Chinese gaming giant Tencent has revealed today a bond sale worth almost $6 billion.
In a statement dated Wednesday US time, the firm announced the notes would be issued on April 11.
According to Bloomberg, Tencent has roughly $20 billion cash on hand and has raised this money in order to retire old debts and general corporate purposes.
The sale sees Tencent utilise approximately $15 billion of bond debt through the programme. Earlier this week it announced it would increased its Global Medium Term Note Programme limit to $20 billion from $10 billion.
Reuters reports Refinitiv data showing the Tencent sale is the largest in Asia this year.
Tencent had a rough 2018 after the Chinese government froze the game approval process for nine months. Gaming is Tencent's largest segment -- accounting for roughly 30% to 40% of its total business -- and the freeze resulted in $127 billion being wiped from the company's market value.
Despite this, in 2018 the company still saw revenues grow by 32% year-on-year, reaching $46 billion, with profit up 10% to $12 billion. Tencent is valued at approximately $446 billion.
Since bottoming out in October last year -- reaching its lowest point since May 2017 -- Tencent's share price has risen 48.%, and by 21.9% year-to-date.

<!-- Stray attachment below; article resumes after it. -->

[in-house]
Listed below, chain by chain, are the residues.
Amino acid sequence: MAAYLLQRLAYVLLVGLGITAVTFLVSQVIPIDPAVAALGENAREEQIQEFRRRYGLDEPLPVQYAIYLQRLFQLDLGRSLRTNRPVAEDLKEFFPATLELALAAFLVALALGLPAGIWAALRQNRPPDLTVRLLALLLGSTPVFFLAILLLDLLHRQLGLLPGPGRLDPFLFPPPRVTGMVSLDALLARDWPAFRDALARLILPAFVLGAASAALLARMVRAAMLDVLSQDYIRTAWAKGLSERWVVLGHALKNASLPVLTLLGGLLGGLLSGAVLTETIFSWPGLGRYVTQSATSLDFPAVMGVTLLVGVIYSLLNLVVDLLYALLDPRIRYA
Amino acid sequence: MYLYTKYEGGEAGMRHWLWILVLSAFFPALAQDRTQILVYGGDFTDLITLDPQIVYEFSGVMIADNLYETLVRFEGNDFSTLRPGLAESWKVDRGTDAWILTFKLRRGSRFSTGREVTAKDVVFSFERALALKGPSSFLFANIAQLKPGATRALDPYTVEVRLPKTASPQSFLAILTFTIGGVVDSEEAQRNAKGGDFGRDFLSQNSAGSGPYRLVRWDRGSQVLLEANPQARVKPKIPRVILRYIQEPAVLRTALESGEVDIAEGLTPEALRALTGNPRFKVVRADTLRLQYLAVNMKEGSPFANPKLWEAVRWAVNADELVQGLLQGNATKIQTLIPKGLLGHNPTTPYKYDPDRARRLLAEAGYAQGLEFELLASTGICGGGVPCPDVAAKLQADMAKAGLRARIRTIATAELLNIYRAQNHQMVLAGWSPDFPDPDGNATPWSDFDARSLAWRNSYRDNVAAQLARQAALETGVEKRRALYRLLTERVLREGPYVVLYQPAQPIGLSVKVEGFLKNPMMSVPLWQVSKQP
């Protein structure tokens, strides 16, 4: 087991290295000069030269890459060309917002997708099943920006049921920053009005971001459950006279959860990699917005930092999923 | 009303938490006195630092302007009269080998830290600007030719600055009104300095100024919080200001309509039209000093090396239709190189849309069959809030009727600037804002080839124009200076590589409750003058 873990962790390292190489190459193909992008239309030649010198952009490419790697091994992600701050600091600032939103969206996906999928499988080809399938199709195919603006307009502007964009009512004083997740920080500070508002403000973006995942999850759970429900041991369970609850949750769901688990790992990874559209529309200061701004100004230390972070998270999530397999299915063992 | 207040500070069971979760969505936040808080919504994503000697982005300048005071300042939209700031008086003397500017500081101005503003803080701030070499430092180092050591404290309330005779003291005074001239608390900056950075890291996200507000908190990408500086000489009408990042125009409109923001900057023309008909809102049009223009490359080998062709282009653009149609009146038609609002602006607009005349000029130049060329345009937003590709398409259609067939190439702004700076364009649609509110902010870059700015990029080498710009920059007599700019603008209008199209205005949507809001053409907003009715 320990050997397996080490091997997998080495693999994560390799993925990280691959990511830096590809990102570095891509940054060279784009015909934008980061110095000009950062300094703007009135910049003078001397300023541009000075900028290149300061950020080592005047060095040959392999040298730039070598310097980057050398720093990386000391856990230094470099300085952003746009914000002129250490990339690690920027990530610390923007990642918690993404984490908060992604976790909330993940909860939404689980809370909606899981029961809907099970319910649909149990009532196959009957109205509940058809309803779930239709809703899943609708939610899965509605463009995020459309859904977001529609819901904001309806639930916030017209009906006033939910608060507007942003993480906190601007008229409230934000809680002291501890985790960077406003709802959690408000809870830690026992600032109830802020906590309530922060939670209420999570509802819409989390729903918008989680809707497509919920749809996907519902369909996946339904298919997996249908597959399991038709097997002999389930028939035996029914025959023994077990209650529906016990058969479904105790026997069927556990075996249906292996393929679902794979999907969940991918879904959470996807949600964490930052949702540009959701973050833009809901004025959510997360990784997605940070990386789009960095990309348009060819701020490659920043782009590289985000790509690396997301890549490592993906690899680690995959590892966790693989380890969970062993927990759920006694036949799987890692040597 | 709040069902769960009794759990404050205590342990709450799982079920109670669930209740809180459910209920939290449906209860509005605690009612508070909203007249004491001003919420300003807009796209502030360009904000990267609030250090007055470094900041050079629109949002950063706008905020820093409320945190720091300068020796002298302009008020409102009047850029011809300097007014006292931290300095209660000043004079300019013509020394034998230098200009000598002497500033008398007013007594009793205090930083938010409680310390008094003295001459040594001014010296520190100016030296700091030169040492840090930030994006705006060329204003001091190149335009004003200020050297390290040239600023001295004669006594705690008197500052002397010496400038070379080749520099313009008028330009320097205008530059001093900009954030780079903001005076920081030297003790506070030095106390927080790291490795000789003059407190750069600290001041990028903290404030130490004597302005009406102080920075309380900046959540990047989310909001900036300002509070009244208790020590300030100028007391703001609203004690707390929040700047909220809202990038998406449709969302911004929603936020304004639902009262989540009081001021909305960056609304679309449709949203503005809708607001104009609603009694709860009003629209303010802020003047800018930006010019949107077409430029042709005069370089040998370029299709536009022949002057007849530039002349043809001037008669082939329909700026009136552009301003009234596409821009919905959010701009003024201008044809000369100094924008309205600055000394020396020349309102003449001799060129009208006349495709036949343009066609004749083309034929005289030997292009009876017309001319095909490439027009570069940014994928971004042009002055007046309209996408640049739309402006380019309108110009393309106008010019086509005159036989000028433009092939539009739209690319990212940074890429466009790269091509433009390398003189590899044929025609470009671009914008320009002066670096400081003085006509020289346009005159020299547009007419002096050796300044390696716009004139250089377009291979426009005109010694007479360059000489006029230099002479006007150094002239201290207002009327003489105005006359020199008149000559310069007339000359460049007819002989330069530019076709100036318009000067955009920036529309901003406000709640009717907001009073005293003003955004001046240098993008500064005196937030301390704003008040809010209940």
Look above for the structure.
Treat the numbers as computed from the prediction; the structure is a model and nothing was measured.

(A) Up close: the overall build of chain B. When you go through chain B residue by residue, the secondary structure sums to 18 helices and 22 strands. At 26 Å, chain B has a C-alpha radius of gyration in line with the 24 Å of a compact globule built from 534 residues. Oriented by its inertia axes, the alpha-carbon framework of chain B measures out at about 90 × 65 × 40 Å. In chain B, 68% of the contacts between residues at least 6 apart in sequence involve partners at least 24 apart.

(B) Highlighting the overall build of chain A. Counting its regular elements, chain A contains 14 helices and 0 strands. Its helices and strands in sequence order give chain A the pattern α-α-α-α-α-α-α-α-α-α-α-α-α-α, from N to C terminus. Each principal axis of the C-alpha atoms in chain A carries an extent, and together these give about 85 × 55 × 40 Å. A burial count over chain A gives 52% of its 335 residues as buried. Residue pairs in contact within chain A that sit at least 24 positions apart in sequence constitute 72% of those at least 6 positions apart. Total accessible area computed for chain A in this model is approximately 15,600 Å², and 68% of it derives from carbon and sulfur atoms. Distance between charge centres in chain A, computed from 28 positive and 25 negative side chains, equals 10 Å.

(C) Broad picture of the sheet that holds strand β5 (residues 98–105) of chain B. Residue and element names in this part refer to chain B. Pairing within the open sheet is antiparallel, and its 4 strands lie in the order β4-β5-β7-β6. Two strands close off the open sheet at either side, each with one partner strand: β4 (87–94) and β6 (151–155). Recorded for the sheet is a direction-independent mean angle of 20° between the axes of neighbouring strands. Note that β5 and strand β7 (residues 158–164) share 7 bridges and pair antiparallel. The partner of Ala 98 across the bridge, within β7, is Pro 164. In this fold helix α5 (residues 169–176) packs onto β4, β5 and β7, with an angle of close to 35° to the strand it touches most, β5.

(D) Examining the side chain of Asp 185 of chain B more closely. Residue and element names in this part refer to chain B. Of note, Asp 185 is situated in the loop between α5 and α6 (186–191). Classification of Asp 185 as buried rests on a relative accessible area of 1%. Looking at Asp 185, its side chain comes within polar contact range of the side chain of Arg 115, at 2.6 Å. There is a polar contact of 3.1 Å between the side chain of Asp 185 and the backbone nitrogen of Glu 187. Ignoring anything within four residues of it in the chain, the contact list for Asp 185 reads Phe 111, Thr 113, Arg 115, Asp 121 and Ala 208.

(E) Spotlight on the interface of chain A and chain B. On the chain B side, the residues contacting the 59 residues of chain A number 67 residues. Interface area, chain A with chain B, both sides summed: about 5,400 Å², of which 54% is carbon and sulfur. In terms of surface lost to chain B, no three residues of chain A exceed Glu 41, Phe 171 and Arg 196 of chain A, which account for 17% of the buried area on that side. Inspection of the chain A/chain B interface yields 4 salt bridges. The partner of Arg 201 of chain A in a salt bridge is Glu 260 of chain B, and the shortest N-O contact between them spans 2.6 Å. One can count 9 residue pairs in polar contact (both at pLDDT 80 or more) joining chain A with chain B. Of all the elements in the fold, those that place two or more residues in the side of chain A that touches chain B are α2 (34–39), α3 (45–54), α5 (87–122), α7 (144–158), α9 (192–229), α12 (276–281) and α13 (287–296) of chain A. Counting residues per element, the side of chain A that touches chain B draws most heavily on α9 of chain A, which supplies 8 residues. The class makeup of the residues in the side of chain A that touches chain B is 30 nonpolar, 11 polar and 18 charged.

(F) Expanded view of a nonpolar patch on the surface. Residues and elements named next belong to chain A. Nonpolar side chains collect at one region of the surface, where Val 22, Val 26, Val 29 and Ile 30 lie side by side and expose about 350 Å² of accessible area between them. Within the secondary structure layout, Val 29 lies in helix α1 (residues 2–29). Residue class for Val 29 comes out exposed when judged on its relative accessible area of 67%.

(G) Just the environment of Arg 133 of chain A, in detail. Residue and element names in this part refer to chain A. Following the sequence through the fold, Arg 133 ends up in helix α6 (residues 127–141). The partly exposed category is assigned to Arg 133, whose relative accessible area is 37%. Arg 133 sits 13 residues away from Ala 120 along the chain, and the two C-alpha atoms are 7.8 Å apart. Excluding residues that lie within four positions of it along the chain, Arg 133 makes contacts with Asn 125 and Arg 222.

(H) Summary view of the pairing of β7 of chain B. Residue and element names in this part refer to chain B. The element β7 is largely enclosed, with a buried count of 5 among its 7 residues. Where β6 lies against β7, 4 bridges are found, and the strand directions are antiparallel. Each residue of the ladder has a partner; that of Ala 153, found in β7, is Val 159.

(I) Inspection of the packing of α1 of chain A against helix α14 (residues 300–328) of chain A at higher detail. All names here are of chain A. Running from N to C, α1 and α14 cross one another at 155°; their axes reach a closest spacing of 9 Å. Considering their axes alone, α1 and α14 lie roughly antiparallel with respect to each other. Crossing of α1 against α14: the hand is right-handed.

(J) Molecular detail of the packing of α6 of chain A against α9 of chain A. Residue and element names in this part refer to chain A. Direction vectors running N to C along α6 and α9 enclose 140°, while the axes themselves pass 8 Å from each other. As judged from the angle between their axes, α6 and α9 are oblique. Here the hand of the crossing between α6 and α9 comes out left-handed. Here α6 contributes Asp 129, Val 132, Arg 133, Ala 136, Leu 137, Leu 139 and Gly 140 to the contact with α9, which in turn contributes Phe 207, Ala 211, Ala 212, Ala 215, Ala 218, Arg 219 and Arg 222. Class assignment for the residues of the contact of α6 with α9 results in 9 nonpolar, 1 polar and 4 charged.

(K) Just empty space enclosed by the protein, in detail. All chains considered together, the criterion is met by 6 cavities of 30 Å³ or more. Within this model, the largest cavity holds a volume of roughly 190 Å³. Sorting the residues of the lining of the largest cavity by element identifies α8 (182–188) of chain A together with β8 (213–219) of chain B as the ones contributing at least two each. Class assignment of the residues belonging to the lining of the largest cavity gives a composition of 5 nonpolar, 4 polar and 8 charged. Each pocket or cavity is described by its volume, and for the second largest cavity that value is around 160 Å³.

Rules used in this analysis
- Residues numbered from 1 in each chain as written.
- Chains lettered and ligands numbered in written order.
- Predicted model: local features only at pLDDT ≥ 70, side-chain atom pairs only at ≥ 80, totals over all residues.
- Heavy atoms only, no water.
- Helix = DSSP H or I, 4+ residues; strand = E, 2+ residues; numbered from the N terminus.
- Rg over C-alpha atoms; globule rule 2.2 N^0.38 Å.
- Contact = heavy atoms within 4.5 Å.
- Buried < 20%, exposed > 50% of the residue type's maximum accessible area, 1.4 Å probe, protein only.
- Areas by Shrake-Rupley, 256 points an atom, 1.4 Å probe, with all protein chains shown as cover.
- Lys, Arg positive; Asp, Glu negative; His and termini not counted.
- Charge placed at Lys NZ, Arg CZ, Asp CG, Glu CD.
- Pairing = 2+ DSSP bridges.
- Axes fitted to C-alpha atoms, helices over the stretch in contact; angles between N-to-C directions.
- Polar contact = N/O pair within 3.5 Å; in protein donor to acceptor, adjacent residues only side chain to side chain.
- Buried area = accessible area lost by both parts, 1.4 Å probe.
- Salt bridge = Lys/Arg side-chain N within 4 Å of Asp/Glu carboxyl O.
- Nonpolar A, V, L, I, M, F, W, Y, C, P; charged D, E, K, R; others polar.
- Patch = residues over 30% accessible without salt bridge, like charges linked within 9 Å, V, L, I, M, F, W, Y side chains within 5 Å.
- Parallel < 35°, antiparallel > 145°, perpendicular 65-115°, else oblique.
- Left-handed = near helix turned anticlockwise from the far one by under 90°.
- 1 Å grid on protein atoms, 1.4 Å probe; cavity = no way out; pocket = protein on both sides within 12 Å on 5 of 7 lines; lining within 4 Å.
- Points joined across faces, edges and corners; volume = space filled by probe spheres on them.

While it's legacy titles such as League of Legends and Honor of Kings proved reliable money-spinners for the firm, it has still yet to receive monetisation licences in China for either Fortnite or PUBG Mobile.
"It is hard to say whether PUBG or Fortnite will be told yes or no for a license in China any time soon, and harder to say the underlying reasons for the continued delay, apart from the backlog in licensing from the nine month hiatus in 2018, and from the unofficial block of consumer products from Korea relating to political issues of two years ago," Niko Partners managing partner Lisa Cosmas Hanson recently told GamesIndustry.biz.
However, since restarting the approval process the Chinese government has approved a number of new Tencent games, including Dragon Raja, top-grossing Perfect World, and a licensed Game of Thrones title.